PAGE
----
Theatre Review: Choir of Man celebrates the good vibes of the humble pub

You’ve never been to a pub quite like this. Where music, mates and good times collide, Choir of Man is more than a musical – it’s also a play, a concert and a celebration of the pub as a place to share a laugh, some banter and your feelings. From creatives Nic Doodson and Andrew Kay, this production fills Melbourne’s Playhouse with an inviting atmosphere that perfectly emulates the feeling of sharing a beer with your mates. For 90 minutes, strangers become friends, and all worries are left at the door.

The welcoming charm of the production kicks off immediately once you enter the auditorium. The stage-built pub features a functional bar with real beer that the entire audience can take advantage of. Everyone is invited onto the stage, or rather into the pub, for a free drink they can take back to their seat and enjoy during the show. It’s a brilliant creative choice that exemplifies the message of the show – that the pub really is a safe space for anyone and everyone.

Strengthening that message is the focus on audience interaction, something most other productions will typically shy away from. Beer may be flowing at the beginning of the show, but it also flows throughout, with members of the nine-part cast handing out freshly poured cups along with packets of chips (or crisps as they are in this UK pub). The show opens with The Poet, played on opening night by Alistair Higgins, inviting and encouraging positive audience interactions, including singing and clapping along to the chart-topping tunes within. From here on out there’s a sense of ease that falls throughout the theatre as the audience collectively embraces the laid-back vibe, with a few even lucky enough to be invited on stage and participate in the show.

One thing to note is that the production isn’t guided by a plot as musicals traditionally are – there’s no flowing story beyond the core idea of friends having fun and bonding with each other in a pub setting. While it’s initially a jarring revelation, especially for anyone accustomed to the typical musical formula, it doesn’t end up being much of a blight on the production as you’re enticed to just enjoy every moment as it comes.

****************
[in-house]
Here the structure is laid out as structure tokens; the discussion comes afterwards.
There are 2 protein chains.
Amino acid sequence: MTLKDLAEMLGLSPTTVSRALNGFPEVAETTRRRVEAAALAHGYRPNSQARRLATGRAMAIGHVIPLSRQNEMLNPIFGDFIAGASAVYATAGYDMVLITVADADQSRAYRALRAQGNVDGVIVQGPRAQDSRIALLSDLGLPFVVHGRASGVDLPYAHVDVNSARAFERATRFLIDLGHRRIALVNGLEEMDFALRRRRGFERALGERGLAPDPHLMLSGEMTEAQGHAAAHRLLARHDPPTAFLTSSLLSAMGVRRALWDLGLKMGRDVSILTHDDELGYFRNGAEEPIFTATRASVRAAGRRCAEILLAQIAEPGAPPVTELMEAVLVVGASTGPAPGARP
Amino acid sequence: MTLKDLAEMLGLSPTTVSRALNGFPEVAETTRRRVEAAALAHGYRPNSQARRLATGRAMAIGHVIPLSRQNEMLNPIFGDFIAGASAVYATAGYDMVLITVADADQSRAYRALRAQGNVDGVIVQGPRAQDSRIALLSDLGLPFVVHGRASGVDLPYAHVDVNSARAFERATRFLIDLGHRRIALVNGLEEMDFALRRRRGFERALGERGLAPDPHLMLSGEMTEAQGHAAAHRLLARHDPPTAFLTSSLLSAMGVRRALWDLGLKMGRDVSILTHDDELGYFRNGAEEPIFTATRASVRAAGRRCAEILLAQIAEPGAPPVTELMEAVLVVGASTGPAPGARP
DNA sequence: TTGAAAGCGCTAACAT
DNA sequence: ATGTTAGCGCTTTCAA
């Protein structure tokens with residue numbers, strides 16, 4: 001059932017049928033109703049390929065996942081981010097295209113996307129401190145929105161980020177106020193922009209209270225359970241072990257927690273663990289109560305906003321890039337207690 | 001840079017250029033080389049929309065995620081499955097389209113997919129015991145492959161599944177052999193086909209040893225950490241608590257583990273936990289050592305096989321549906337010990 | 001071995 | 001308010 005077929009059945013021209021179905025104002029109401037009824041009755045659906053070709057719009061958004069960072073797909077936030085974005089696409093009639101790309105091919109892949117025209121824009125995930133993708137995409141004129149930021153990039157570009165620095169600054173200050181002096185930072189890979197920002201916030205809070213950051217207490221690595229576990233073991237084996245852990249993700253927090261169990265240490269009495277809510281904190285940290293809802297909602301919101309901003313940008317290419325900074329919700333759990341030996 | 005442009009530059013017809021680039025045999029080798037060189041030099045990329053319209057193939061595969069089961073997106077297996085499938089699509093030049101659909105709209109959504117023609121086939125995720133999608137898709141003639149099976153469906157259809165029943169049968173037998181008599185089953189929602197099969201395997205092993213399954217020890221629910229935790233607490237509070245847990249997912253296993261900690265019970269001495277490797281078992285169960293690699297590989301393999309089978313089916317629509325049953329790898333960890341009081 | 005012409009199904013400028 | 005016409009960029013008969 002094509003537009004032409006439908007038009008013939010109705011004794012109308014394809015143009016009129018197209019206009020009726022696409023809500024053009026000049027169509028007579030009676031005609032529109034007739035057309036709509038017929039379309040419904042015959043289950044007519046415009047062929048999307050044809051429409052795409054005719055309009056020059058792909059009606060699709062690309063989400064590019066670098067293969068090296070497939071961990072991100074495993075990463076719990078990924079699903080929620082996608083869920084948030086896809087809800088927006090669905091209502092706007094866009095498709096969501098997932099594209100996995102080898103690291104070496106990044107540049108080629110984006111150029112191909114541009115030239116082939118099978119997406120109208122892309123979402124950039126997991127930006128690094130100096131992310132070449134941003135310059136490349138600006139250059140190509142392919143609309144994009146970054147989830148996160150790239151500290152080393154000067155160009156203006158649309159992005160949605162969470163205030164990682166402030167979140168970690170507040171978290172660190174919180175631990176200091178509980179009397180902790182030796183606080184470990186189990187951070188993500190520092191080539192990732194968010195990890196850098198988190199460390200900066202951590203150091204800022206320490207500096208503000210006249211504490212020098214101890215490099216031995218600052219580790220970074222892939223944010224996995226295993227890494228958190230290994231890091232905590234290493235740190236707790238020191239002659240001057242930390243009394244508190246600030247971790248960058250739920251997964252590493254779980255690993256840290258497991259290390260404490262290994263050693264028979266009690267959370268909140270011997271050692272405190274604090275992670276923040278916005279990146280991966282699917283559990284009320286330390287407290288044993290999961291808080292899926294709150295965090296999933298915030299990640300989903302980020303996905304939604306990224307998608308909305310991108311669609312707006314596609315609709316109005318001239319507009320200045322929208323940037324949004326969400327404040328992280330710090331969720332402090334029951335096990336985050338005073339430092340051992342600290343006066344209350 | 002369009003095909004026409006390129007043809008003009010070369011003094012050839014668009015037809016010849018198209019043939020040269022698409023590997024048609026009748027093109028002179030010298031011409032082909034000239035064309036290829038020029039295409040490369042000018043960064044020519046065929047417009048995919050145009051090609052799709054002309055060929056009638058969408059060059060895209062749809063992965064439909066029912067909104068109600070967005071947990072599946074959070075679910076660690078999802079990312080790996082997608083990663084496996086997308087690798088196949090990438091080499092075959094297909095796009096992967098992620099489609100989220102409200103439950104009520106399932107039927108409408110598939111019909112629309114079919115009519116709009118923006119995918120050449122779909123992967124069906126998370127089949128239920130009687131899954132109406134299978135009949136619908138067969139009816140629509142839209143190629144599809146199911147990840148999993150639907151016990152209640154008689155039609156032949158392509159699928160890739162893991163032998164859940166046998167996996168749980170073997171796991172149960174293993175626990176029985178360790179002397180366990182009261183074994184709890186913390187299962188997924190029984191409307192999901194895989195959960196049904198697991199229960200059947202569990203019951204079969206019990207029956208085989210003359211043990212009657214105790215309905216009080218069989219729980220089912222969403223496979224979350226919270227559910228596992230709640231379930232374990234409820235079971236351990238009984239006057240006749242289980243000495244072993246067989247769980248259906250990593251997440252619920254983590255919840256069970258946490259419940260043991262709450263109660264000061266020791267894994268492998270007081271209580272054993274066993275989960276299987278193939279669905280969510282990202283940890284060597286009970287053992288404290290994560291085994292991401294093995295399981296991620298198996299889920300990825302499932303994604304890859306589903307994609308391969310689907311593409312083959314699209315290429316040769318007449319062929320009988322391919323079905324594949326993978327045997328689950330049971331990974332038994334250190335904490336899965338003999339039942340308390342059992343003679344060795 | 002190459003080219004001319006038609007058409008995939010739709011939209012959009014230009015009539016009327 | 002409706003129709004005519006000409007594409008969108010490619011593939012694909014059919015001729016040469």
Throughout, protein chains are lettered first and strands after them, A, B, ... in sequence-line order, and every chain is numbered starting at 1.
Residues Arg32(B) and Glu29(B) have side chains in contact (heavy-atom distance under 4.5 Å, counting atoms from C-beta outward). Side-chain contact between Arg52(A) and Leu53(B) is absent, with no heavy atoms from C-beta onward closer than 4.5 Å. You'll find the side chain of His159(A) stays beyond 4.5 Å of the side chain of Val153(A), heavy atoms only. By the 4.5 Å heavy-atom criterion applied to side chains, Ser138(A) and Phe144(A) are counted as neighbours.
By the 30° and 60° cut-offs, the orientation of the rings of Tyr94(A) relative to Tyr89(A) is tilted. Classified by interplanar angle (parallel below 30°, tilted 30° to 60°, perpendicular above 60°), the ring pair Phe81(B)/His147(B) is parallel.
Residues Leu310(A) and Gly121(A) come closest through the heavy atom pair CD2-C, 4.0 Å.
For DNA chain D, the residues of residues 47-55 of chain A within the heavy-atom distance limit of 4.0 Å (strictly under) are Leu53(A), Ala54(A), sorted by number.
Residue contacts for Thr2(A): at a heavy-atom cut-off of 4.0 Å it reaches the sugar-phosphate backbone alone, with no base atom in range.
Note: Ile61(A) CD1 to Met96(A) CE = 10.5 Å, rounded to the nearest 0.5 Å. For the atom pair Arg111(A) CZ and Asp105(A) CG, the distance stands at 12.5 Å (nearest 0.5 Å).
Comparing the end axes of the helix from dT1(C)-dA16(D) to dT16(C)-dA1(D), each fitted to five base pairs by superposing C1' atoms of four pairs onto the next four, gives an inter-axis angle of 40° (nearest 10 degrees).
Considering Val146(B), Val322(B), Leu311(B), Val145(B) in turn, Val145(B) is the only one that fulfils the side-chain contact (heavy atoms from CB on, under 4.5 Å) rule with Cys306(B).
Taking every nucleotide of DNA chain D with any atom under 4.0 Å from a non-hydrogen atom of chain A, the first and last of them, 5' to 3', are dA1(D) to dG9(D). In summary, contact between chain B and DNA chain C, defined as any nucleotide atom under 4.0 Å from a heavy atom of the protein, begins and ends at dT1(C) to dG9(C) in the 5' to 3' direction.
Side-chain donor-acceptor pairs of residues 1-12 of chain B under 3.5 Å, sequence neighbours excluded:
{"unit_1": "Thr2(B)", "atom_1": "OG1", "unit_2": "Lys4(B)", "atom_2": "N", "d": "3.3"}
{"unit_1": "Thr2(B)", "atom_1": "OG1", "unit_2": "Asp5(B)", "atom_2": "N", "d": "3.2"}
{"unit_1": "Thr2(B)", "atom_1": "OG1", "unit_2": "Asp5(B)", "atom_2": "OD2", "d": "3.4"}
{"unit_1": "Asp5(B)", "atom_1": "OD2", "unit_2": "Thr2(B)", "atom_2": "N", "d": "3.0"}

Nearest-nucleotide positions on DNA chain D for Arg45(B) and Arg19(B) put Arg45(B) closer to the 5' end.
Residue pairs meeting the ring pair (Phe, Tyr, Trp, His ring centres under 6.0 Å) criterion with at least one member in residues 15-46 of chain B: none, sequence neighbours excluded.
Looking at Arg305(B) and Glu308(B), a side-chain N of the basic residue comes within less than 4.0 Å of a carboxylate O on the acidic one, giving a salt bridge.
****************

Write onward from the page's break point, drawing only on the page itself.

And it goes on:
In lieu of a narrative are The Poet’s monologues, written by Ben Norris who proves himself as a true wordsmith. These monologues are the show’s unexpected highlight – each one is heartwarming and sentimental, giving the production an emotional punch that speaks on the importance of community, friendship and sticking together. The cadence and delivery of these monologues by Higgins adds to the entertainment factor – he’s wonderfully charming and well-spoken, knowing exactly when to switch on the comedy and when to appeal to our emotions.

One area where there’s room for improvement is in fleshing out the characters. The idea of “guys hanging out in the bar” works very well for the message here, but I feel like beefing this production up to include a narrative, or at least delve deeper into the characters lives, could go a long way. There’s a monologue that touches on each character’s name and gives a brief synopsis of who they are, which is nice and heartwarming in the moment, but I can’t help but see the opportunity to turn them all into diverse characters.

As much as there’s a large focus on the pub as a space for community, comedy is a big part of the production. Between the bouts of physical comedy, well-timed jokes and hilarious moments of crowd interaction, the audience was erupting with laughter across a good portion of the show. Part of the show’s charm is that there’s no “funny guy”, every performer has as much of a role in delivering the laughs as the next, giving every character the feeling of being a real person.

Being a jukebox musical, the nine-man cast perform harmonised instrumental versions of huge hits with the assistance of the four band members positioned in full view high above the pub’s backdrop. From Guns N’ Roses and Adele to Avicii and John Farnham, there’s an eclectic mix of tunes that are performed exceptionally well by the ensemble. This is a great example of a well-balanced group of singers where no one voice overpowers the rest – they all harmonise really well and it’s at times quite beautiful to watch. There’s the occasional moment where the mics were too low or the voices were too soft to be heard over the instrumental music, but we’re talking individual lines and words as oppose to entire musical numbers.

While far from being a conventional musical, Choir of Man is without a doubt a memorable experience at the theatre… pub… pub theatre. It excels in creating an inviting sense of community, spreading good vibes and putting a smile on the face of everyone in the audience. It tugs on those heartstrings while inducing laughs that reverberate through the theatre. The lack of a strong narrative and character depth indicates room for improvement, but it doesn’t strip away the show’s entertaining charm. Visit the stage, grab a beer and settle in for a night of fun with a crowd full of mates, celebrating friendship, connections and the pub.


Choir of Man is now playing at the Art Centre’s Playhouse in Melbourne through to February 11th, 2024. For more information and to purchase tickets, head HERE.

Reviewer attended on Friday January 5th, 2023.

Photo credit: Danysha Harriott